By Tami Luhby
NEW YORK -- Many jobless claims workers in the state of Michigan will soon be filing for unemployment themselves.
About 400 state workers who process unemployment claims are losing their jobs, thanks to Michigan's improving economy.
But the revival of the auto industry has turned around Michigan's fortunes -- the state's job growth outpaced the nation's in 2011. The unemployment rate has steadily declined to its current 8.6 percent. And jobless claims have plummeted to 187,000.
When the unemployment rate drops, so does the federal support for administering benefits. Without those funds, Michigan will have to let go of the temporary workers, as well as 225 permanent staffers, totaling about one-fifth of the Department of Licensing and Regulatory Affairs' staff.
"Unfortunately for them, the economy has gotten better," said Mario Morrow, spokesman for the department. "It's a good news/bad news situation."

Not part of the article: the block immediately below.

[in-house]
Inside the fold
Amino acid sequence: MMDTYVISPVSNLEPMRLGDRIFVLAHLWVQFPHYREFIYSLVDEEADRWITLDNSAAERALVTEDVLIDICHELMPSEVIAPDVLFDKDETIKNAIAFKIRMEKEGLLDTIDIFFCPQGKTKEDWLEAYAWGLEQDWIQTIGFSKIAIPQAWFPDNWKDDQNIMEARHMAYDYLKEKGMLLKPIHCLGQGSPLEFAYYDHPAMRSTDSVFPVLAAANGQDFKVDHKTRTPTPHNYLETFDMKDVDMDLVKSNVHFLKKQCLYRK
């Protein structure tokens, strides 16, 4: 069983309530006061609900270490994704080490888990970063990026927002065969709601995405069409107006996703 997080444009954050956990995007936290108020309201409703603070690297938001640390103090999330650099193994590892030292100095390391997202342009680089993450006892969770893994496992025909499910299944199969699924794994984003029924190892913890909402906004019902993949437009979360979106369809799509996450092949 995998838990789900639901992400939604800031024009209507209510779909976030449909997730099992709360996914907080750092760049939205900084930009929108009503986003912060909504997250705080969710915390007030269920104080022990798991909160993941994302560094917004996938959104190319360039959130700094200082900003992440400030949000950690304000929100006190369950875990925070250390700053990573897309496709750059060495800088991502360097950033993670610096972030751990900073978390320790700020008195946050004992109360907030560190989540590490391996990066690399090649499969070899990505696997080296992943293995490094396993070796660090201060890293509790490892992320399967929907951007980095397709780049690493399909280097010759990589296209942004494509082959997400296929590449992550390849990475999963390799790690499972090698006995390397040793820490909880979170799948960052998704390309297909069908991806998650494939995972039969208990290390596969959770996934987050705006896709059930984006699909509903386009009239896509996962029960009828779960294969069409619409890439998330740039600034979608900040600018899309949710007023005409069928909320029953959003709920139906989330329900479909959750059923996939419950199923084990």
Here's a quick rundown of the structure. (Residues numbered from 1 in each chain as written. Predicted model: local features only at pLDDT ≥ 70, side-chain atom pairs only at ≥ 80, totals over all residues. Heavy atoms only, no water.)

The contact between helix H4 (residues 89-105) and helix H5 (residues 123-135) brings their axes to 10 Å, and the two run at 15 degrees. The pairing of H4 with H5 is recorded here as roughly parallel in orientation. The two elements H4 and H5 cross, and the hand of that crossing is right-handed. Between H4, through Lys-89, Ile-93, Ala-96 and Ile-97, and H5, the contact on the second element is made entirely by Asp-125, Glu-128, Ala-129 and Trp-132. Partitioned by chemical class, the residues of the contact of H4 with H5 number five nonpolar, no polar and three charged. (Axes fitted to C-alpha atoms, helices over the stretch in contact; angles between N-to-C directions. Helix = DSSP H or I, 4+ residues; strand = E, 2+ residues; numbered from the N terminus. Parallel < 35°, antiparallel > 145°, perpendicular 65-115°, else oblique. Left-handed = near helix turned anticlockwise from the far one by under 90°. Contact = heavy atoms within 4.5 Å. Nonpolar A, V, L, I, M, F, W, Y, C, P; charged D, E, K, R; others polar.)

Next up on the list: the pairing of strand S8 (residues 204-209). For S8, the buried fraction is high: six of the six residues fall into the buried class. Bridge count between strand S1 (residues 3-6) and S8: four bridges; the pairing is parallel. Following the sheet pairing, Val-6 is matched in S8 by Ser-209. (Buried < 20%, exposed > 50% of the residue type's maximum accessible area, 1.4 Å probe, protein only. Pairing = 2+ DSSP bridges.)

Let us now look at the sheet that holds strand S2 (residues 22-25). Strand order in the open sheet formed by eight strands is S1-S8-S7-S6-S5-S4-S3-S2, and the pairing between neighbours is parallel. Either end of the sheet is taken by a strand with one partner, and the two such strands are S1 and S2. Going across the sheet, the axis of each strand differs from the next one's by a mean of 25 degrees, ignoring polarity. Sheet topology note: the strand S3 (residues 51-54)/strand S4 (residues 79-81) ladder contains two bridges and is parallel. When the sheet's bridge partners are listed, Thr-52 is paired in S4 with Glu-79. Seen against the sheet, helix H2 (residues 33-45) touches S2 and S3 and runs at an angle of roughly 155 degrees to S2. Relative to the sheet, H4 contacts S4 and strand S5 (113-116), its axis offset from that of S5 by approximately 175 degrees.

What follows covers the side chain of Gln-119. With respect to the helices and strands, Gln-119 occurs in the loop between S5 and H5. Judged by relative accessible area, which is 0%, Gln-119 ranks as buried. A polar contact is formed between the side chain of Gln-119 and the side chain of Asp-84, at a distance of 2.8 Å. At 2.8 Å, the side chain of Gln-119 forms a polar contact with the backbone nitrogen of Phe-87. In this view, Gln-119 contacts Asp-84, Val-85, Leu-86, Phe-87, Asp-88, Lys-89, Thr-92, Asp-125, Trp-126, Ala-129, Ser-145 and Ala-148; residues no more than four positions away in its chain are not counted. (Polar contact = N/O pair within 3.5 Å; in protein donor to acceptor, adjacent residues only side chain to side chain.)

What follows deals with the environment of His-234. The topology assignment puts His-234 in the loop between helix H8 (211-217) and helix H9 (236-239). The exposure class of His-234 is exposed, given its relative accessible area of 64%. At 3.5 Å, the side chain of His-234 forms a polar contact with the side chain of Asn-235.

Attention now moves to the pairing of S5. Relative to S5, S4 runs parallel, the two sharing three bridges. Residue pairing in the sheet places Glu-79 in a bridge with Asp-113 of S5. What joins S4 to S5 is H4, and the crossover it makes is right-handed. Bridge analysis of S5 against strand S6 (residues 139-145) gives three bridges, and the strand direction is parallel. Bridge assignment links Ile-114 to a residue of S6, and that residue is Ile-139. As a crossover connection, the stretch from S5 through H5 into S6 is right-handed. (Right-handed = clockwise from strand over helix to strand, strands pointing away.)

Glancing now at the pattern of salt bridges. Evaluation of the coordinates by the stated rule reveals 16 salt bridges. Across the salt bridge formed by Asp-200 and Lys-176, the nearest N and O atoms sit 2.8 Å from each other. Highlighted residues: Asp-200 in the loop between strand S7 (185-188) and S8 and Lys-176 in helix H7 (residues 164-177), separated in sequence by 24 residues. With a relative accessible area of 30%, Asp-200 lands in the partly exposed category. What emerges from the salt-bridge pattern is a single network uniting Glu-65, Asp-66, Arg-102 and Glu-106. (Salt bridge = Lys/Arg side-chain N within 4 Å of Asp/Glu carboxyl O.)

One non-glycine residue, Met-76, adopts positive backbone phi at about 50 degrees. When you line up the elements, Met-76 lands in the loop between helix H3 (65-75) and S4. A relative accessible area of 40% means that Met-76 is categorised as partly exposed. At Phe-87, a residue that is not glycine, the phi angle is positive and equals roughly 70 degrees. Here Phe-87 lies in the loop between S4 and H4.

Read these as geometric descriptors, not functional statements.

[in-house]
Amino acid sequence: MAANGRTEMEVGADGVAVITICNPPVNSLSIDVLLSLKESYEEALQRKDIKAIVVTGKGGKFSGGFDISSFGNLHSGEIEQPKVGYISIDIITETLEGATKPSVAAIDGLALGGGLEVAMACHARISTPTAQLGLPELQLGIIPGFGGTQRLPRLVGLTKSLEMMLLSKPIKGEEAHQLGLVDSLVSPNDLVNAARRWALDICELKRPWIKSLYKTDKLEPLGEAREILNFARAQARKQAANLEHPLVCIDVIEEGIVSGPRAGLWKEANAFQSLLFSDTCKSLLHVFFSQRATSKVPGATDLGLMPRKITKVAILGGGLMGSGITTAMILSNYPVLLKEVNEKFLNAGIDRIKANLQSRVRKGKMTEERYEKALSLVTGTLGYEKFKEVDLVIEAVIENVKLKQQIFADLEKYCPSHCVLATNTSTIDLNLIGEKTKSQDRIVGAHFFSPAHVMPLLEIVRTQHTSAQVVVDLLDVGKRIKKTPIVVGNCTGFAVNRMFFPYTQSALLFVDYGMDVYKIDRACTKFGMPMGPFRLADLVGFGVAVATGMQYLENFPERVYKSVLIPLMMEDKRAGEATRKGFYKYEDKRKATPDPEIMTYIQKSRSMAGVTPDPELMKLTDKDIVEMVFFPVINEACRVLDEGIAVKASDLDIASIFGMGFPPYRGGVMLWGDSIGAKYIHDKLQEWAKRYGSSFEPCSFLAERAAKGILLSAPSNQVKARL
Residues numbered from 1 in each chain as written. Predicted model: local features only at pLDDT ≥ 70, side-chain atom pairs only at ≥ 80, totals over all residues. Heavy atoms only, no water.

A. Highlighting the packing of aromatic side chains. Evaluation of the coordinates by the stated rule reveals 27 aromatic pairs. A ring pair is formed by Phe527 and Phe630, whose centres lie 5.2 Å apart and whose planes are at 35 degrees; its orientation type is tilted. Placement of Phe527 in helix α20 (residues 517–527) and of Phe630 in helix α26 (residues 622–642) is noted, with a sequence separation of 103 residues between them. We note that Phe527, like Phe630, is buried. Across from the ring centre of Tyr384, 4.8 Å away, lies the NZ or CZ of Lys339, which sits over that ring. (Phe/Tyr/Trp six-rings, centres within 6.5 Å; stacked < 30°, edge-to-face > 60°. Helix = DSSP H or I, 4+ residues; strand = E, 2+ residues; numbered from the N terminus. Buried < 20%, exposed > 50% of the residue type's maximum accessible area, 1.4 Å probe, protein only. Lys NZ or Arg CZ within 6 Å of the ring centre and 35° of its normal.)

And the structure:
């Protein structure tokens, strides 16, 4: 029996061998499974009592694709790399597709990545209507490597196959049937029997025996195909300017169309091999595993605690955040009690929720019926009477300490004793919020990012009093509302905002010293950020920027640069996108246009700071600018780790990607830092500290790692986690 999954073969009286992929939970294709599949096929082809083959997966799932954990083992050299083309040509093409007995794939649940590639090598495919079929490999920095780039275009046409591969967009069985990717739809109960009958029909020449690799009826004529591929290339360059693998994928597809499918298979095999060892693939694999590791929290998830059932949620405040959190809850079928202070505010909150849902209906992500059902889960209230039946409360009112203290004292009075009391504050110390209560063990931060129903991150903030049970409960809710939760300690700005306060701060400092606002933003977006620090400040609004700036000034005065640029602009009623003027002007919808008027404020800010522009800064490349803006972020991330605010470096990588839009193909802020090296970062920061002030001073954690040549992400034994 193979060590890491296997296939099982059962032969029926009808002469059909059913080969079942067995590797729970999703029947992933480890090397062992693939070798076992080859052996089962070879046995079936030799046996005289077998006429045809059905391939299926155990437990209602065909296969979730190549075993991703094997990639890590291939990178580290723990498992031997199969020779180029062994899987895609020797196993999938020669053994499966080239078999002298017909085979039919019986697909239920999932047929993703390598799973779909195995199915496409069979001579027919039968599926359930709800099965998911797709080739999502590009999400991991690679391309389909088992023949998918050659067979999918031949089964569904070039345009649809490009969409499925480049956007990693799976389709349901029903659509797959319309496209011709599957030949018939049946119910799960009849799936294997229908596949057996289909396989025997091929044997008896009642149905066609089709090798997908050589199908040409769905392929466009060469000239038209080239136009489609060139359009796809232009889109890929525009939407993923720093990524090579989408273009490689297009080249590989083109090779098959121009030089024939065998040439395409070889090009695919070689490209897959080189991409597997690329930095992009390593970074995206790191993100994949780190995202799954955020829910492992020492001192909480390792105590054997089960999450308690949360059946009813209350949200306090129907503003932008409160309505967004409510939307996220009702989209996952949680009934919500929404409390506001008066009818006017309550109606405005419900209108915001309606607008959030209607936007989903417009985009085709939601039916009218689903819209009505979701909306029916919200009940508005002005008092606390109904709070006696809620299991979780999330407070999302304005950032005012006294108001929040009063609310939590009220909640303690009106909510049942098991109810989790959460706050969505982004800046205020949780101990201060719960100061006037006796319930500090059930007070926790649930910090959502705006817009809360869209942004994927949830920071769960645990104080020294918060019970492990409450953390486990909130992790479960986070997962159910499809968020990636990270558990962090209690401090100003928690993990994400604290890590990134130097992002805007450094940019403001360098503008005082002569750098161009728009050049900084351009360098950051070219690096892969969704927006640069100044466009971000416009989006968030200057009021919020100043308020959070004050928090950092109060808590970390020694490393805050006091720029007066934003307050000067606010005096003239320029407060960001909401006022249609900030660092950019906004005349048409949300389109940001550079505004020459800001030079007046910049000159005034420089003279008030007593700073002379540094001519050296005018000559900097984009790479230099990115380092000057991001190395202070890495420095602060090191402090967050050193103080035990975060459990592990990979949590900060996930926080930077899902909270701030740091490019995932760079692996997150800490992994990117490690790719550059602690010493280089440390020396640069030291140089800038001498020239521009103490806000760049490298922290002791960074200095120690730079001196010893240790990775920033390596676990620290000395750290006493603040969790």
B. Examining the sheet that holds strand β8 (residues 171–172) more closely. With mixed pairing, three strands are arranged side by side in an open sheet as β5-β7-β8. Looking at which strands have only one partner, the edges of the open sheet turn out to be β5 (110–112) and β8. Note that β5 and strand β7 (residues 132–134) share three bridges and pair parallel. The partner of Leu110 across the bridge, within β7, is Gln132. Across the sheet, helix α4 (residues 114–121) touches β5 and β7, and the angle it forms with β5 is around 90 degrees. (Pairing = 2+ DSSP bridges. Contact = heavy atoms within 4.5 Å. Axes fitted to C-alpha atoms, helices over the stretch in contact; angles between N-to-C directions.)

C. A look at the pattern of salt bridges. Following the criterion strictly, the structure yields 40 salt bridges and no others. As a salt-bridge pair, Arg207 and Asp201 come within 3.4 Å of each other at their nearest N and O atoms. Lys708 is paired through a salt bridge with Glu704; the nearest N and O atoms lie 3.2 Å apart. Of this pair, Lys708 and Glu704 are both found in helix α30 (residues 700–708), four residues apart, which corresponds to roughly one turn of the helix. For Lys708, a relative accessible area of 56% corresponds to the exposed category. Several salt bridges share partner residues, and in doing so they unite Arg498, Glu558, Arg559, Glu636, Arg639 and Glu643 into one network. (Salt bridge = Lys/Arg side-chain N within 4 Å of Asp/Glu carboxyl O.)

Also, President Obama's 2009 stimulus act doled out even more money to help cover states' increased unemployment benefits caseloads. But those funds have pretty much dried up.
So even states where the jobless rates are still high are forced to make changes.
In California, which has the nation's third-highest unemployment rate at 10.7 percent, the state has shifted unemployment workers to disability insurance and tax processing after losing federal support.
Rhode Island, meanwhile, laid off 65 workers, most of them on temporary assignment, after running out of stimulus funds. This comes even as the state still battles a 10.9 percent unemployment rate, the second-highest in the nation.
The state would need $4.6 million to keep them on for another year, said Laura Hart, spokeswoman for the Department of Labor and Training.
"We couldn't stretch it any longer," she said of the additional federal administrative funds.
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